You can flex, but can you bend?
Hayley Cotter explains why it's beneficial to balance your Gym routine with some stretching, and even - dare we say it - Yoga!
Regularly attending the gym, cardio, weight training and running can be excellent workouts as well as a great stress-release from the demands of London life. Repetitive working of the same muscle groups can lead to a noticeable tightness in the body, affecting posture, range of movement and placing a huge amount of strain on joints leading to injury (http://lifehacker.com/the-most-common-exercise-injuries-and-how-you-can-avoi-1659615551). This, combined with the fact that most of us spend hours hunched over desks at work, can lead to long-term negative health issues.
Yoga and its range of benefits is the perfect tonic. It works the entire body, safely strengthening and lengthening the muscles, removing pressure from joints, improving posture and opening up the body. This can actually enhance performance at the gym and make the body less prone to injury, whilst also taking care of your general well-being. John Capouya, in his book, ‘Real Men do Yoga’ states that
‘yoga is a tensile strength, born of holding sustained poses and using your own body weight as dynamic, living resistance…while weight-lifting builds bulk, it also shortens and tightens muscles. Yoga lengthens them, generating strength throughout the entire range of motion.’
The book highlights that many professional athletes practice yoga as part of their training to give them complete balance.
If you decide to join the workshop on the 29th of April it will begin with basic breath awareness, using techniques to send much-needed oxygen and blood to tight muscles to loosen them up and release pressure.
A tailored sequence of postures will be explored, working on specific muscle groups which typically become stiff after strength and cardio training, using the breath to allow freedom in movement. These include the hamstrings (standing and seated forward bends), quads (squat and lunge variations as well as balancing poses), chest (simple backbends) and shoulders (twists and side stretches).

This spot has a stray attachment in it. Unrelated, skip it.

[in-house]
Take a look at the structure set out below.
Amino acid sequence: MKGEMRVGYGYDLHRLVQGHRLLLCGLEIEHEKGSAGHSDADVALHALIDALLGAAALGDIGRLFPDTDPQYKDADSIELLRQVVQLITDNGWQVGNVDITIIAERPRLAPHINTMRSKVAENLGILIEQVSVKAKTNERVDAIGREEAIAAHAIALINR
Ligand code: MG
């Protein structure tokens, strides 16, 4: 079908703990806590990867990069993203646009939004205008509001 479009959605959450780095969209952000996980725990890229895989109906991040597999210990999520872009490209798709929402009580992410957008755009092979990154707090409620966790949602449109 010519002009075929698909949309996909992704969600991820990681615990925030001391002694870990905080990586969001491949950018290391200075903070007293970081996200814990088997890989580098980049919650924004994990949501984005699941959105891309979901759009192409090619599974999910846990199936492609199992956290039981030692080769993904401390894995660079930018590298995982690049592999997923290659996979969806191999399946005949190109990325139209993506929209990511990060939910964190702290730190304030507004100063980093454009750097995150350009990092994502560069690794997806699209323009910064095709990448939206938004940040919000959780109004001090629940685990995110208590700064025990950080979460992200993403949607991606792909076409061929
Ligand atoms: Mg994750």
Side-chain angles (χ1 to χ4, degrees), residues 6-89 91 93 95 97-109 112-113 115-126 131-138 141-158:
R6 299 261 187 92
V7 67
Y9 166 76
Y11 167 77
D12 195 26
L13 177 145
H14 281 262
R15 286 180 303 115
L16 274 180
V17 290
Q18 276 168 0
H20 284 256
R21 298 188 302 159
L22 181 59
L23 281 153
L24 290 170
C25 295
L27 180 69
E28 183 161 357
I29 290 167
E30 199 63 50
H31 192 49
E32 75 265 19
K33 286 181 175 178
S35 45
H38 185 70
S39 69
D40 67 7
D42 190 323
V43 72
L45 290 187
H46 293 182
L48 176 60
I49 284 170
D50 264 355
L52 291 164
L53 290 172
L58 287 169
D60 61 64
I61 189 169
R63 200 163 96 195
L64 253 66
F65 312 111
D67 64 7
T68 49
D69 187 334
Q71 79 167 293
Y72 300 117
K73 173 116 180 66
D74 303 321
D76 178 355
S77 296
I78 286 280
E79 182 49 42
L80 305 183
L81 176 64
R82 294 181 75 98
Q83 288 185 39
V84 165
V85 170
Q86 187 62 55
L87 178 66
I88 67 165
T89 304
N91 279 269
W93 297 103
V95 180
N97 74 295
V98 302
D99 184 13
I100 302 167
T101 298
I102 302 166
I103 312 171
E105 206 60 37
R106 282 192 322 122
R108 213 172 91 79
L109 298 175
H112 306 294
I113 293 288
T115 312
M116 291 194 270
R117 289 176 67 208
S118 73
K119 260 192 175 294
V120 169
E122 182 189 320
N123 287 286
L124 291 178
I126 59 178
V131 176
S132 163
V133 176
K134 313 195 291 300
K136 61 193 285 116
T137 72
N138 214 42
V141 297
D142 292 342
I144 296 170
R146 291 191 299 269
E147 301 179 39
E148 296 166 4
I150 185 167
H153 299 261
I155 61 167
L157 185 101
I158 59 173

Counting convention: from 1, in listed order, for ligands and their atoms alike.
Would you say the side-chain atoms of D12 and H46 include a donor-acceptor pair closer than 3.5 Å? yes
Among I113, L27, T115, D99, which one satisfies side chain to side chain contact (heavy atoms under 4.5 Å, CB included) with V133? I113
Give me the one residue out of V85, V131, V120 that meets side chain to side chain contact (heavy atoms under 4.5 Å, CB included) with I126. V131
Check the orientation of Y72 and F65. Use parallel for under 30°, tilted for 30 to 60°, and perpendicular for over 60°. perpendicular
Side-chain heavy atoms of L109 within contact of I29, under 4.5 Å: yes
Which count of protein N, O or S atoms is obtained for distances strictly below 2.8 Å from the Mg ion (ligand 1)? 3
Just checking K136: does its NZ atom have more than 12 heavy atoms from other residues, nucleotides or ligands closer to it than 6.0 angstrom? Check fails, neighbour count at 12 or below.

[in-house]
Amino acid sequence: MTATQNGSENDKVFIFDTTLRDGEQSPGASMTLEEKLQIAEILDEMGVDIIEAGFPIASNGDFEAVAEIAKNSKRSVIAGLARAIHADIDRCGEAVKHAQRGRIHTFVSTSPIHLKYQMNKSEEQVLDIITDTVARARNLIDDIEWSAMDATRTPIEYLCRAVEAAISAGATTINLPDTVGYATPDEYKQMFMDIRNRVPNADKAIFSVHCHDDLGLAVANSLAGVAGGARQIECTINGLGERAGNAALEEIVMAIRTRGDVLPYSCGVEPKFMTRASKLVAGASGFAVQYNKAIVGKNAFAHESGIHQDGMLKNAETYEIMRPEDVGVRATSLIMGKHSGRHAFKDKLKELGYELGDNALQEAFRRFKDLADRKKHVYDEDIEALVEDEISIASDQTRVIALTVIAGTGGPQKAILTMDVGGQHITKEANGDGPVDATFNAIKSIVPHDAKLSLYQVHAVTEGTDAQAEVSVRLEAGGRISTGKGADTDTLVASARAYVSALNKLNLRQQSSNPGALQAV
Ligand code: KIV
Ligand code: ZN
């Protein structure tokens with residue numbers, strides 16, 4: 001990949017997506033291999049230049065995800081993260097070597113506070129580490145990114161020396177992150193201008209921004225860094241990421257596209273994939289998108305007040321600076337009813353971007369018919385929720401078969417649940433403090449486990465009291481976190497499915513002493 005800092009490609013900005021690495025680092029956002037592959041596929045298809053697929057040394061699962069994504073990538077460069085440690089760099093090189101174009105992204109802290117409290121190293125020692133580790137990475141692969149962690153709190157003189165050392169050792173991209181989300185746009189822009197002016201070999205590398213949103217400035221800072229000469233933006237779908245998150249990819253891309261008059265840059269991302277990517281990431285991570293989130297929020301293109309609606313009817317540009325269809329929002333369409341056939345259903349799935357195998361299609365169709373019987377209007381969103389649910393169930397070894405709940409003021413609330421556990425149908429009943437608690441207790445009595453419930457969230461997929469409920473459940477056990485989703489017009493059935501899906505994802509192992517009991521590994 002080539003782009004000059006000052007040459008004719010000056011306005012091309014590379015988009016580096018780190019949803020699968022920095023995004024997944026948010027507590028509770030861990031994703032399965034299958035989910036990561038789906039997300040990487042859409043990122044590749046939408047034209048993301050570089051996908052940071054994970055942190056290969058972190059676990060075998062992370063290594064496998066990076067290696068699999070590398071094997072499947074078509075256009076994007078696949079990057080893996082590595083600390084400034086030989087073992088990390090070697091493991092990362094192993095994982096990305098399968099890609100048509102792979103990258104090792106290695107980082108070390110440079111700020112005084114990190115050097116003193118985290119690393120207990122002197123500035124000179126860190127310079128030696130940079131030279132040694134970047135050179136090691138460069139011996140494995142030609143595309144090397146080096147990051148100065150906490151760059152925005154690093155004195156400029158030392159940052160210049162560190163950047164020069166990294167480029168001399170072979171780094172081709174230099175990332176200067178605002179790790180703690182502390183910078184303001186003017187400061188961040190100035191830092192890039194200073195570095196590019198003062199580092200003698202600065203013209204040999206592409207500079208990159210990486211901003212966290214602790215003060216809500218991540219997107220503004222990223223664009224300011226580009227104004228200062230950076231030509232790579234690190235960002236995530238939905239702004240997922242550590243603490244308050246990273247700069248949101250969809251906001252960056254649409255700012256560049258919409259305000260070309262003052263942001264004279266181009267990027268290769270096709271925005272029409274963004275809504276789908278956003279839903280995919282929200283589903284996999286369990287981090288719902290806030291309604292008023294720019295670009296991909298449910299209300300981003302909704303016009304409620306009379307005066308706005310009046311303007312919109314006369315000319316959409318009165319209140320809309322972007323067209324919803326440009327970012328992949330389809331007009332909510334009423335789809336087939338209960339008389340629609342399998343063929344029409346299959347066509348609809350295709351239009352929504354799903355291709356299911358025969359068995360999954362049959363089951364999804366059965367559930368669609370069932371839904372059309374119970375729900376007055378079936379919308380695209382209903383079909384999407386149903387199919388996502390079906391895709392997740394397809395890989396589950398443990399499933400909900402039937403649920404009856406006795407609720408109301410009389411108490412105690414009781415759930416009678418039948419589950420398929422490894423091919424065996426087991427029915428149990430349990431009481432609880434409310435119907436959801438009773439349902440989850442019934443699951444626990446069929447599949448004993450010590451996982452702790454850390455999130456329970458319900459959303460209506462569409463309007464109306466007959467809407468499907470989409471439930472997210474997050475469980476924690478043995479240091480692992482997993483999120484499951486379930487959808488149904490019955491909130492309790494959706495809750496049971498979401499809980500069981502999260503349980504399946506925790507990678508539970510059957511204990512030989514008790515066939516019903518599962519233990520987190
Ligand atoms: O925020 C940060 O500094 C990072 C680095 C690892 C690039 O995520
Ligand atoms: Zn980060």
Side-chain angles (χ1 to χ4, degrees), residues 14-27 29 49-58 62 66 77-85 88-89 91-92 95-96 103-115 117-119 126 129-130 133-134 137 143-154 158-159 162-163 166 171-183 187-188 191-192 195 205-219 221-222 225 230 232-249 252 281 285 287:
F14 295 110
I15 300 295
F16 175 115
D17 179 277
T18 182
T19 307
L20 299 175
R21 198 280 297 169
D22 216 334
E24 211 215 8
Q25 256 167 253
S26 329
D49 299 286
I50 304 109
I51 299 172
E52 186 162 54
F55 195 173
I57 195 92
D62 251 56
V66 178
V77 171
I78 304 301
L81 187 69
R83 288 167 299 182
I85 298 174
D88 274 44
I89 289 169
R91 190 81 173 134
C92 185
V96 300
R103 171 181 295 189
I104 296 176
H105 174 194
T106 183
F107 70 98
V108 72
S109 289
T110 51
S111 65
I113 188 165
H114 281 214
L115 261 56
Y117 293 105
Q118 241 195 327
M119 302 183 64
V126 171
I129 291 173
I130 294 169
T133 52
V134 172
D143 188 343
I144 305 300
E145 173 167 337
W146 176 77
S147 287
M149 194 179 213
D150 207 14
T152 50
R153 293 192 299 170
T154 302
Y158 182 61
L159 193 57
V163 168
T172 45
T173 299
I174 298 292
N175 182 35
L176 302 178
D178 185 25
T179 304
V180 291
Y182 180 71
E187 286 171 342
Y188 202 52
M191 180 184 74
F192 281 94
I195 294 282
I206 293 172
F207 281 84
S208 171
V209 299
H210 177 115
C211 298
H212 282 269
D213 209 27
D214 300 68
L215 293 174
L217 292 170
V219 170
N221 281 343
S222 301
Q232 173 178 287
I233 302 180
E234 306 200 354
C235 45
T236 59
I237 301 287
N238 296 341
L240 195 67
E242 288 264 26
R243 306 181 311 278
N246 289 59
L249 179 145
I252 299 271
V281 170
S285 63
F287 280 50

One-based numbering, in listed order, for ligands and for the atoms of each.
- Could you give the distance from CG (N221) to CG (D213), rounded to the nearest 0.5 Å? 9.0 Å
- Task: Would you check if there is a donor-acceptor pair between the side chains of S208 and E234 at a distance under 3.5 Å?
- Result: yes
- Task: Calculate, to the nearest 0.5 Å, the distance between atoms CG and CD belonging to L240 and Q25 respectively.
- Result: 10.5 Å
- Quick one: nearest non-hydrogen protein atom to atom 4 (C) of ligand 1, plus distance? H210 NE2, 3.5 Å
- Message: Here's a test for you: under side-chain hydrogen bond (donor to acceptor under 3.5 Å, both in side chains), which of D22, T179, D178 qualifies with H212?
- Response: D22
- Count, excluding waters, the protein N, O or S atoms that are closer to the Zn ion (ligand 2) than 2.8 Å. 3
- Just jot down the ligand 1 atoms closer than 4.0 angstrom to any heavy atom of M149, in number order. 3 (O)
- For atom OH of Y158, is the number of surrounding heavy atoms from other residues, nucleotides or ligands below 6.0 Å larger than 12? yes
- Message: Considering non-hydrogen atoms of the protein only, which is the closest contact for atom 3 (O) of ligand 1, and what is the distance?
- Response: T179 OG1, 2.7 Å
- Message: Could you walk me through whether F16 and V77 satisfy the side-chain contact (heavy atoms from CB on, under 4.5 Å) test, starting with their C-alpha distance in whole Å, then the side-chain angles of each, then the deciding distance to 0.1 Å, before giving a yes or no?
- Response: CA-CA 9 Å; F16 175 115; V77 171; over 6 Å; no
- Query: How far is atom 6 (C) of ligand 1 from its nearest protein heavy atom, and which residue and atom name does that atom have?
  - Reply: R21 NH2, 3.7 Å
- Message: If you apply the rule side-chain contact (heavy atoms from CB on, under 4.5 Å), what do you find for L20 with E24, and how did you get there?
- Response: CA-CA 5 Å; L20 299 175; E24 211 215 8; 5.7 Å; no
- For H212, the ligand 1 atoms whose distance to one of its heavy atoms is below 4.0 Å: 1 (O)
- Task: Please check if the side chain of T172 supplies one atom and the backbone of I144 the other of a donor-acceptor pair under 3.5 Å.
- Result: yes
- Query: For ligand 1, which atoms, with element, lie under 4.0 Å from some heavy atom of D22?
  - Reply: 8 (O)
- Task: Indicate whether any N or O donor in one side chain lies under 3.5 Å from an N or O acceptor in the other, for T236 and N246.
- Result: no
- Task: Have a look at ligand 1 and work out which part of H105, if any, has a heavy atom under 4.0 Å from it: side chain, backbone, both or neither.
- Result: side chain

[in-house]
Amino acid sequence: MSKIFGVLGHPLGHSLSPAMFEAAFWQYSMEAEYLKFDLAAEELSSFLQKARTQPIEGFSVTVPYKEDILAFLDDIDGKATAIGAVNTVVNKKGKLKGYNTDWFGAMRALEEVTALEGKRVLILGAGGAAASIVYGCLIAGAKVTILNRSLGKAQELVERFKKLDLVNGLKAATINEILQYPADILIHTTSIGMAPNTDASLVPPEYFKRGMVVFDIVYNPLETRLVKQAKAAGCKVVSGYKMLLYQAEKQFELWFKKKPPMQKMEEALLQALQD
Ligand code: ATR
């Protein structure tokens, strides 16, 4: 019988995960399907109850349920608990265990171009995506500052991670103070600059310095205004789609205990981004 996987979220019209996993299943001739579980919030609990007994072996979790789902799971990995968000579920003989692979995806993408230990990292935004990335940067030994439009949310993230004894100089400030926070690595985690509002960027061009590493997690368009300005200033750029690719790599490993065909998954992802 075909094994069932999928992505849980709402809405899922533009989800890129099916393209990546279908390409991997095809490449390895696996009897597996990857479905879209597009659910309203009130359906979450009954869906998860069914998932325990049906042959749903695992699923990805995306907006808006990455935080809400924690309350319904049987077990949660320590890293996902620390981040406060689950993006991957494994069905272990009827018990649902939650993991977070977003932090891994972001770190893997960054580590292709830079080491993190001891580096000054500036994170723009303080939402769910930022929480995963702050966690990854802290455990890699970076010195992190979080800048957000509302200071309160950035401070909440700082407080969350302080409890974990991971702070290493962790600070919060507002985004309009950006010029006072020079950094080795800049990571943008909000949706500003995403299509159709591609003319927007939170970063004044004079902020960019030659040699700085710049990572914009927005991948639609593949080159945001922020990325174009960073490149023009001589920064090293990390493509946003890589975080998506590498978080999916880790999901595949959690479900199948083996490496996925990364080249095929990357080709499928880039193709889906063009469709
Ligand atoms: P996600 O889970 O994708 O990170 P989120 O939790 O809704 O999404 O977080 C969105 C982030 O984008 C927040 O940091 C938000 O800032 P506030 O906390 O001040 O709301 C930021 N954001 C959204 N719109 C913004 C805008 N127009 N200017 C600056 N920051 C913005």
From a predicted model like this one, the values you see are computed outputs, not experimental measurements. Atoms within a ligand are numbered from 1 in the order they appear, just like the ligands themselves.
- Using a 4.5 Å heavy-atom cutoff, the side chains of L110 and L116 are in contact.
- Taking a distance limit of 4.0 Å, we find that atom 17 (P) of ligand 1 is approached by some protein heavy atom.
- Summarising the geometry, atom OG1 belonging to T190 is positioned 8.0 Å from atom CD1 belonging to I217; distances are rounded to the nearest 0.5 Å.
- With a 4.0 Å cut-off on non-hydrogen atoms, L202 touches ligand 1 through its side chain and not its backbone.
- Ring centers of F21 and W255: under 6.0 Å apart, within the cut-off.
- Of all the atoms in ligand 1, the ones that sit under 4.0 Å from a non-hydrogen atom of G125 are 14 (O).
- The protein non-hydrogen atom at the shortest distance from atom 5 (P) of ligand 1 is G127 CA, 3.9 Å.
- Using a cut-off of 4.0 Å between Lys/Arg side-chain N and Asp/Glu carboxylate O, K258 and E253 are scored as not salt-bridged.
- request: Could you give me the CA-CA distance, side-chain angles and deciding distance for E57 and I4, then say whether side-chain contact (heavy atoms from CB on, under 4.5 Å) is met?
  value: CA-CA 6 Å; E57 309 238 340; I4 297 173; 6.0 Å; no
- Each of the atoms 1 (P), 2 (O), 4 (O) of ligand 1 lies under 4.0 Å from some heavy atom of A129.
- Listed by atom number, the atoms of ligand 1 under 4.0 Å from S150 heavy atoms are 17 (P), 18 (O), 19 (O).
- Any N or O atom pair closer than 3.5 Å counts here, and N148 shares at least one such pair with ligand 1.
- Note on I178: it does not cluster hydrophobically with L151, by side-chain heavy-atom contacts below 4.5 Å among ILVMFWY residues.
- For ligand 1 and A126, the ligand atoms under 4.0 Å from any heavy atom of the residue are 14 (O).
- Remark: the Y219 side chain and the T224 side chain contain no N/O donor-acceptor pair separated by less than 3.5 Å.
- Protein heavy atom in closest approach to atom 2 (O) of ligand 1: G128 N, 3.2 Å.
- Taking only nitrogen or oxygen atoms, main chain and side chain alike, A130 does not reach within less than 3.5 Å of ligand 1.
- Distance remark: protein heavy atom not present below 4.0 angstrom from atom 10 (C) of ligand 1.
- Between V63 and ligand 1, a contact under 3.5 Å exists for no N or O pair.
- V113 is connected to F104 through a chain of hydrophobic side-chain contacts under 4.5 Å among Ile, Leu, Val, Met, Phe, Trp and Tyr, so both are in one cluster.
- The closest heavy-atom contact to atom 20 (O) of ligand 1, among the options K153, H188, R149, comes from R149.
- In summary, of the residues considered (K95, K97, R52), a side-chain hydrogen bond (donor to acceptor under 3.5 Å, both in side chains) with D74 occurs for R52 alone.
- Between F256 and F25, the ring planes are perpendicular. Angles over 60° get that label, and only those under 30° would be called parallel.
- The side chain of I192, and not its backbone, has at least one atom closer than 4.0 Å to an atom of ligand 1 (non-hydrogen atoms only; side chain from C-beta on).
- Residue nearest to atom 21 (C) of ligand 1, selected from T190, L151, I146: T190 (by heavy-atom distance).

The focus is on building flexibility and stability, encouraging balanced strength in the body.
The workshop will round off with some simple restorative poses using bolsters and blocks and a guided meditation, all of which can be practiced at home with cushions and blankets, after or between workouts. During this rest period the muscles have time to heal and repair, making the body stronger in preparation for your next workout. Without proper rest and restoration, muscle growth and recovery slows down and the central nervous system stops recharging so you may feel tired and weak during training (www.mensfitness.com/life/entertainment/9-things-every-athlete-needs-to-know-about/).
High intensity workouts late into the evening (often being the only available time to schedule in exercise) and high levels of Adrenalin rushing through the body, can lead to insomnia or disturbed sleep patterns. The mind will relax, release and really let go aiding better sleep patterns. According to a study presented at the Associated Sleep Societies’ annual meeting, people who practiced yoga and meditation were more likely to get the recommended seven to eight hours of sleep (www.yogajournal.com/poses/yoga-by-benefit/insomnia/cant-sleep-try-yoga/)
Learn more about the benefits of yoga to complement your workouts, improve agility and boost physical and mental well-being by joining Hayley at 13.30 on Saturday the 29th of April for this two hour workshop.
No Previous experience of Yoga necessary